As Doug Jones continues to be attacked for his vote to convict President Trump for abuse of power and obstruction of Congress, he has defended his decision as one that is consistent with the oath he took to the Constitution.
In an interview with WKRG, Jones said, “At the end of the day, it was the right thing to do. I grew up here in Alabama. We know right from wrong. What the President did was wrong. It was not just inappropriate, it was wrong on so many levels.”
“To put personal interest above the national interest, above our national security, the security of our allies in Europe and the security of Ukraine was just wrong and I think it was exactly the kind of thing that our founders intended when they set the impeachment clause,” he continued.
When asked about how his vote will affect his chances at reelection this November, he replied:
“I don’t know. You know… look, everybody has asked me that from the beginning that this started and I completely reject it…all of the questions because this was not a political issue. I took an oath, an oath to defend the Constitution, an oath to do impartial justice, not an oath to defend the President or a political party and so the weight of the Constitution was on me. I took it very seriously and that’s exactly the way I looked it.”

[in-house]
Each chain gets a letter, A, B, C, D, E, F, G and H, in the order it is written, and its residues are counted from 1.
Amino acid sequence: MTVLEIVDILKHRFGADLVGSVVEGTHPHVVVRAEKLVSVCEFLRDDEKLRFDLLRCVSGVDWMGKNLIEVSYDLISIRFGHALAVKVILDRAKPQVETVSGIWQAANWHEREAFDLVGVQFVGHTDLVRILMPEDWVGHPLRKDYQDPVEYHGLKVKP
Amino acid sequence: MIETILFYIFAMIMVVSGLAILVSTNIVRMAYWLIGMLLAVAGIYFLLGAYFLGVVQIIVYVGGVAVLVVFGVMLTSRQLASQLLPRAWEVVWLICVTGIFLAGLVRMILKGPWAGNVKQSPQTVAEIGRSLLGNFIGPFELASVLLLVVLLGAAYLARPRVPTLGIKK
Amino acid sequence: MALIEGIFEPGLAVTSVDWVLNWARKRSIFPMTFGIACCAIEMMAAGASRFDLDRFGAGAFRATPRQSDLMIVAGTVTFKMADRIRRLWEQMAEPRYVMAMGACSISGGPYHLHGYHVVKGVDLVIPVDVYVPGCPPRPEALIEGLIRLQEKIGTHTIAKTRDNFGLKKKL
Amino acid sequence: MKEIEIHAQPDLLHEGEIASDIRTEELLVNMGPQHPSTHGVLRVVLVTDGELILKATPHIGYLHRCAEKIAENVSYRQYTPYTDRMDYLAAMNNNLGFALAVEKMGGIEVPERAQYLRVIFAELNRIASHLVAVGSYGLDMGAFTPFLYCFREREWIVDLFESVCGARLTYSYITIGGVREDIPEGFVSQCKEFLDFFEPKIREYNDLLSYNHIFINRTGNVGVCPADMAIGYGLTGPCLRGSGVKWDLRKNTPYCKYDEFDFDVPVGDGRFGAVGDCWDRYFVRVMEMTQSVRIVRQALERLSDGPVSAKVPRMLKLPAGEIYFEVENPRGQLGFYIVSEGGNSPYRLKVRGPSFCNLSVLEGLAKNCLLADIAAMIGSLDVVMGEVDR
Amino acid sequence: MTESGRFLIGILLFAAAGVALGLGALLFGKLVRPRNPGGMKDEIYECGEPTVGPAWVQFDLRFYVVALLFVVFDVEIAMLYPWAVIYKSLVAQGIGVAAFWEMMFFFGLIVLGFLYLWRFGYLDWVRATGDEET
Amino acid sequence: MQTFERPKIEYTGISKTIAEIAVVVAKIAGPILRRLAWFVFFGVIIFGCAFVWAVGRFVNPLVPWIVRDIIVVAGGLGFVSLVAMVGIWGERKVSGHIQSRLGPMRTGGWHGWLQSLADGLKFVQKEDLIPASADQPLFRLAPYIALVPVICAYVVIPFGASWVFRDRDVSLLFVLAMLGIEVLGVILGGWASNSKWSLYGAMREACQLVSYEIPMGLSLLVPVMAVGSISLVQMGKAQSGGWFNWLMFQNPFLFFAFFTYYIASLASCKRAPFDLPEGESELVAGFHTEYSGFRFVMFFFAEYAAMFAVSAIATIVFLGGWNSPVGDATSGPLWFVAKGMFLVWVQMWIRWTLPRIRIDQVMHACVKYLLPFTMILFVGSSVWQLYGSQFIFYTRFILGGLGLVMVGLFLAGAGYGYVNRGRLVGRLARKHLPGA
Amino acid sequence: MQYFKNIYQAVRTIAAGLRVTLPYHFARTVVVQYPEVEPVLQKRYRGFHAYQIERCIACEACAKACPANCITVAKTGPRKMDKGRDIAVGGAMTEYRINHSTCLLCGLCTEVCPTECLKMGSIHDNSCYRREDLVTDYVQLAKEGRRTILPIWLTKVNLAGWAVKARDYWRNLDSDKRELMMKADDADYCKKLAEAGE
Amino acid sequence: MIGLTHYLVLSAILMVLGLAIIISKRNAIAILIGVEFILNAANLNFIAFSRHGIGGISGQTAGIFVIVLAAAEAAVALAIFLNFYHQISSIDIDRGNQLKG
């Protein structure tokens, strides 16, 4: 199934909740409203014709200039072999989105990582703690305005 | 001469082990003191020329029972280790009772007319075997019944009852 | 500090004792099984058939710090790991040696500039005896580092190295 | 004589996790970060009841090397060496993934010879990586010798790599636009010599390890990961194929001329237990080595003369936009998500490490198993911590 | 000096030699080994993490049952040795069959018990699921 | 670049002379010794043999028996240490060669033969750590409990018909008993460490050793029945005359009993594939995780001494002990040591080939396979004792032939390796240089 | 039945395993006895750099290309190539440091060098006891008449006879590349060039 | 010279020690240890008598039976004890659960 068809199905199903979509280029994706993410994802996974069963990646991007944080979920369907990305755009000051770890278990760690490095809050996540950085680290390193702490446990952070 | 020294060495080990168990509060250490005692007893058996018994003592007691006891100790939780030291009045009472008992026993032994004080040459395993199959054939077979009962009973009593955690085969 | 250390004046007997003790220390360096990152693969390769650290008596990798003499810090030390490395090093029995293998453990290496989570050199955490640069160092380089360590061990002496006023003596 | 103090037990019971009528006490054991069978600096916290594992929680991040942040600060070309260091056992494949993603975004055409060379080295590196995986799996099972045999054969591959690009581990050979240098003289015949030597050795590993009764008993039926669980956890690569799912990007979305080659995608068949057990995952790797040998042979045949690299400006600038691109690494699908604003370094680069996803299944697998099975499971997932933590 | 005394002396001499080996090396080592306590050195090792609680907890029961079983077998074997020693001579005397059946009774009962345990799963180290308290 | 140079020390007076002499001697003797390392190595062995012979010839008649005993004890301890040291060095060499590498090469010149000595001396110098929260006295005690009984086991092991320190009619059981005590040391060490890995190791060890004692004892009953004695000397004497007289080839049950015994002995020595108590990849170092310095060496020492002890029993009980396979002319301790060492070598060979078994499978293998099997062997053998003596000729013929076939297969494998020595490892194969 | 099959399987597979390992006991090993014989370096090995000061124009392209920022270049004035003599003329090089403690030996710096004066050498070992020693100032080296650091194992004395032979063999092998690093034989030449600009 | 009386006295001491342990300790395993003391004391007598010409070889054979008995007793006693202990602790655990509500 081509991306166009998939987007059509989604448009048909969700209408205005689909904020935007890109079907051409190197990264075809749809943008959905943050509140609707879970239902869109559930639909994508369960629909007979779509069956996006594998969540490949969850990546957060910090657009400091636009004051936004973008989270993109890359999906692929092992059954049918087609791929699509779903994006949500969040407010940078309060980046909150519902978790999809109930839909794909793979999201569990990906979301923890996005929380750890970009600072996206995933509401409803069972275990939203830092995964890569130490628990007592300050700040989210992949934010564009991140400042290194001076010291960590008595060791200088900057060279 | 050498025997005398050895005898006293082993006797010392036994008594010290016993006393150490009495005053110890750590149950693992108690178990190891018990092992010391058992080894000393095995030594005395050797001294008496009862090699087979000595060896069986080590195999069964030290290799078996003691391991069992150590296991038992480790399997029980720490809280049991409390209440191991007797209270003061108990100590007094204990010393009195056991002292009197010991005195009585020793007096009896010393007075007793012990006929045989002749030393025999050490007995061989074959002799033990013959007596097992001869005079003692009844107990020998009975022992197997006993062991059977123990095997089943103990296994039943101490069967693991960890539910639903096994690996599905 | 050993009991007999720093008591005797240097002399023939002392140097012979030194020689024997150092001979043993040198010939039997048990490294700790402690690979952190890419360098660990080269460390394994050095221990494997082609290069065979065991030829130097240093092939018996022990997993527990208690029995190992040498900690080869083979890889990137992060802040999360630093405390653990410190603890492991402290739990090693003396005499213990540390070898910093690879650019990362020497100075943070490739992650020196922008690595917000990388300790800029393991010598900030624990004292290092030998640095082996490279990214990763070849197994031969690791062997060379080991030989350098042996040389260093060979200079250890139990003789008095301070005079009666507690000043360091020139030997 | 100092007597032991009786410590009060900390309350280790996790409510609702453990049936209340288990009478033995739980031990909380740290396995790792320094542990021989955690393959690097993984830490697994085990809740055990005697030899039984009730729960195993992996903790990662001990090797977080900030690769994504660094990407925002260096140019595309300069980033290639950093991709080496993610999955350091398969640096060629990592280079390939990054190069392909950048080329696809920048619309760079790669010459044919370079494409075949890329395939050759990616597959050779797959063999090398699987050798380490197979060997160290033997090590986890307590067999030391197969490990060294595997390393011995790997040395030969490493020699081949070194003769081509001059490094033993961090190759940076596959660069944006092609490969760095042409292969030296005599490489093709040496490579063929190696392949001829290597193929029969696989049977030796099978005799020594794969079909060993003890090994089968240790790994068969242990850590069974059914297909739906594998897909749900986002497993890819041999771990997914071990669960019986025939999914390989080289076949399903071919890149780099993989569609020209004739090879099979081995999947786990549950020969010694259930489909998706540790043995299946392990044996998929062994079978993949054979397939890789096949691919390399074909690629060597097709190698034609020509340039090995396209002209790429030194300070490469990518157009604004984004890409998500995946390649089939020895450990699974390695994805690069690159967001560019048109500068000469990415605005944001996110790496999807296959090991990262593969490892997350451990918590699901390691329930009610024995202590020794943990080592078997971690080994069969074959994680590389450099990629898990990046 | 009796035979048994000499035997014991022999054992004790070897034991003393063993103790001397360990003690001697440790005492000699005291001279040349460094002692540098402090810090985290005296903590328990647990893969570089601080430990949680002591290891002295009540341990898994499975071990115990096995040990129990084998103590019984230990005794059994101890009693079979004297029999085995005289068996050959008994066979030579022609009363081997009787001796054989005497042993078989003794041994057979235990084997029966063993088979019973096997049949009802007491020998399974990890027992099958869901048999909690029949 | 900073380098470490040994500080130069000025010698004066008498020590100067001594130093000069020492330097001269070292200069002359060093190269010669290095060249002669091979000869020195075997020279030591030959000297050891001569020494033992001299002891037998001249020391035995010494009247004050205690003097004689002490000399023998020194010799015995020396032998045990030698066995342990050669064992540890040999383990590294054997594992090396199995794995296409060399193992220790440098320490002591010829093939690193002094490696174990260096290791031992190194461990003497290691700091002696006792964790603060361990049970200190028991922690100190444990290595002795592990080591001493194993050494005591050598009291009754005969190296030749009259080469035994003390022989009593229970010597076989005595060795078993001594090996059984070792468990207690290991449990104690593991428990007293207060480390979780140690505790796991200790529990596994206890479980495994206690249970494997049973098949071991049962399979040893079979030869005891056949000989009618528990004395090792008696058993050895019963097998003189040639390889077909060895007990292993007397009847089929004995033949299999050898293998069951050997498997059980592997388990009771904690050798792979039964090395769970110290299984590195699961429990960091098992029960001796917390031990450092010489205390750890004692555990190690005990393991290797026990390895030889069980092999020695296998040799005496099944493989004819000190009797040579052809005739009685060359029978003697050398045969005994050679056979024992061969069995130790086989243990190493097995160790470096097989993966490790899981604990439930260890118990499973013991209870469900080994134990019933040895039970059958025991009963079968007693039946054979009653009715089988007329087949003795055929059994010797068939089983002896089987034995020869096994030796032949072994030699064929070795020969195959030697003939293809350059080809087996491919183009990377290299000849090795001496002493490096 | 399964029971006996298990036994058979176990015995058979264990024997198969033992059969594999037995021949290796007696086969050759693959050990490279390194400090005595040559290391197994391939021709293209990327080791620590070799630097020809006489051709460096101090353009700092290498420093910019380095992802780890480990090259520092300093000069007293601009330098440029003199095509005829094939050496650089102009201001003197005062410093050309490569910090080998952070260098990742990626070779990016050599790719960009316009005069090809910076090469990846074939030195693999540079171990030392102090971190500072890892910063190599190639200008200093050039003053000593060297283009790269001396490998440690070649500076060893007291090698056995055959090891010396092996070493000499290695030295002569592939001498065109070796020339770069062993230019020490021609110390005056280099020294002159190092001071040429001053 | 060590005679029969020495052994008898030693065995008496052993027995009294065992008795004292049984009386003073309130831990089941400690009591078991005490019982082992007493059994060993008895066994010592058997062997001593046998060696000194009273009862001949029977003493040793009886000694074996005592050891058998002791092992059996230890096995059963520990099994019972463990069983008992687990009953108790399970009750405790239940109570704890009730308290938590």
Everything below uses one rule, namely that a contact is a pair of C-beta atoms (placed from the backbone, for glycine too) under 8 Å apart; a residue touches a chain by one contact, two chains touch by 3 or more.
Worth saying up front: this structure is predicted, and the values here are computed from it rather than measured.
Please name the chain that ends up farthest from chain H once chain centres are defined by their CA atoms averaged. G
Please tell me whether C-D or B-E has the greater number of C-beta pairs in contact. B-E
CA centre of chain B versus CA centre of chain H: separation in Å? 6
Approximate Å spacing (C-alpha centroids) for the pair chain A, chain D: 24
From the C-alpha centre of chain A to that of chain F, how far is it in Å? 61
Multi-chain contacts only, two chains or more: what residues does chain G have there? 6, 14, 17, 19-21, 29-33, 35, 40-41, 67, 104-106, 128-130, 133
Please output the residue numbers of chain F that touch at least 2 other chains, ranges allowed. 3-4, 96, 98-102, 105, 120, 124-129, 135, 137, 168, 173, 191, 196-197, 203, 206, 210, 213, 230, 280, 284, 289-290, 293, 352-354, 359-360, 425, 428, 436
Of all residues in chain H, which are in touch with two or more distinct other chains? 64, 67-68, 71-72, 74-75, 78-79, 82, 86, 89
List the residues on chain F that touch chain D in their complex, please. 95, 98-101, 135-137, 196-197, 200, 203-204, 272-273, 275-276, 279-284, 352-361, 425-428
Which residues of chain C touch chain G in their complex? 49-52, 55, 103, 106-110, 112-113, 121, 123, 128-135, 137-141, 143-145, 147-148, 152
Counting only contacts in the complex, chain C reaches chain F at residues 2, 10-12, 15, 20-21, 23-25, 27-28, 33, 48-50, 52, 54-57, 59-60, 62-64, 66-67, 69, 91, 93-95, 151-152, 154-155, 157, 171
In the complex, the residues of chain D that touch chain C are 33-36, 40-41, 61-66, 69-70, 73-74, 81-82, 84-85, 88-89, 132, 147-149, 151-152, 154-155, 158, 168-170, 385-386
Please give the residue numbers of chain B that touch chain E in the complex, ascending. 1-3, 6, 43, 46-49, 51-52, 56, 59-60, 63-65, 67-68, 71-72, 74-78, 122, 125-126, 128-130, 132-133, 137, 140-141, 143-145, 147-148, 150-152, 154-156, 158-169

He was then asked how he responds to the people of Alabama who preferred that he vote in line with the people who want a majority with the President’s views. He said, “Well the Constitution doesn’t require a poll in which to vote. It requires a lot of due diligence and a lot of work,”
“I don’t use things based on polling. I understand there will be people that disagree with this, that there will be people who do agree with it. You can’t get a hundred percent on anything. What I did do is follow my oath in the Constitution, I followed the law, I followed the facts, and I put them all together and that’s where it is.” Jones concluded.
Dakota Layton graduated from the University of Alabama in Huntsville with a Bachelor of Arts in Philosophy. He is currently enrolled at the University of Mississippi where he is working to earn his Master of Arts in Philosophy.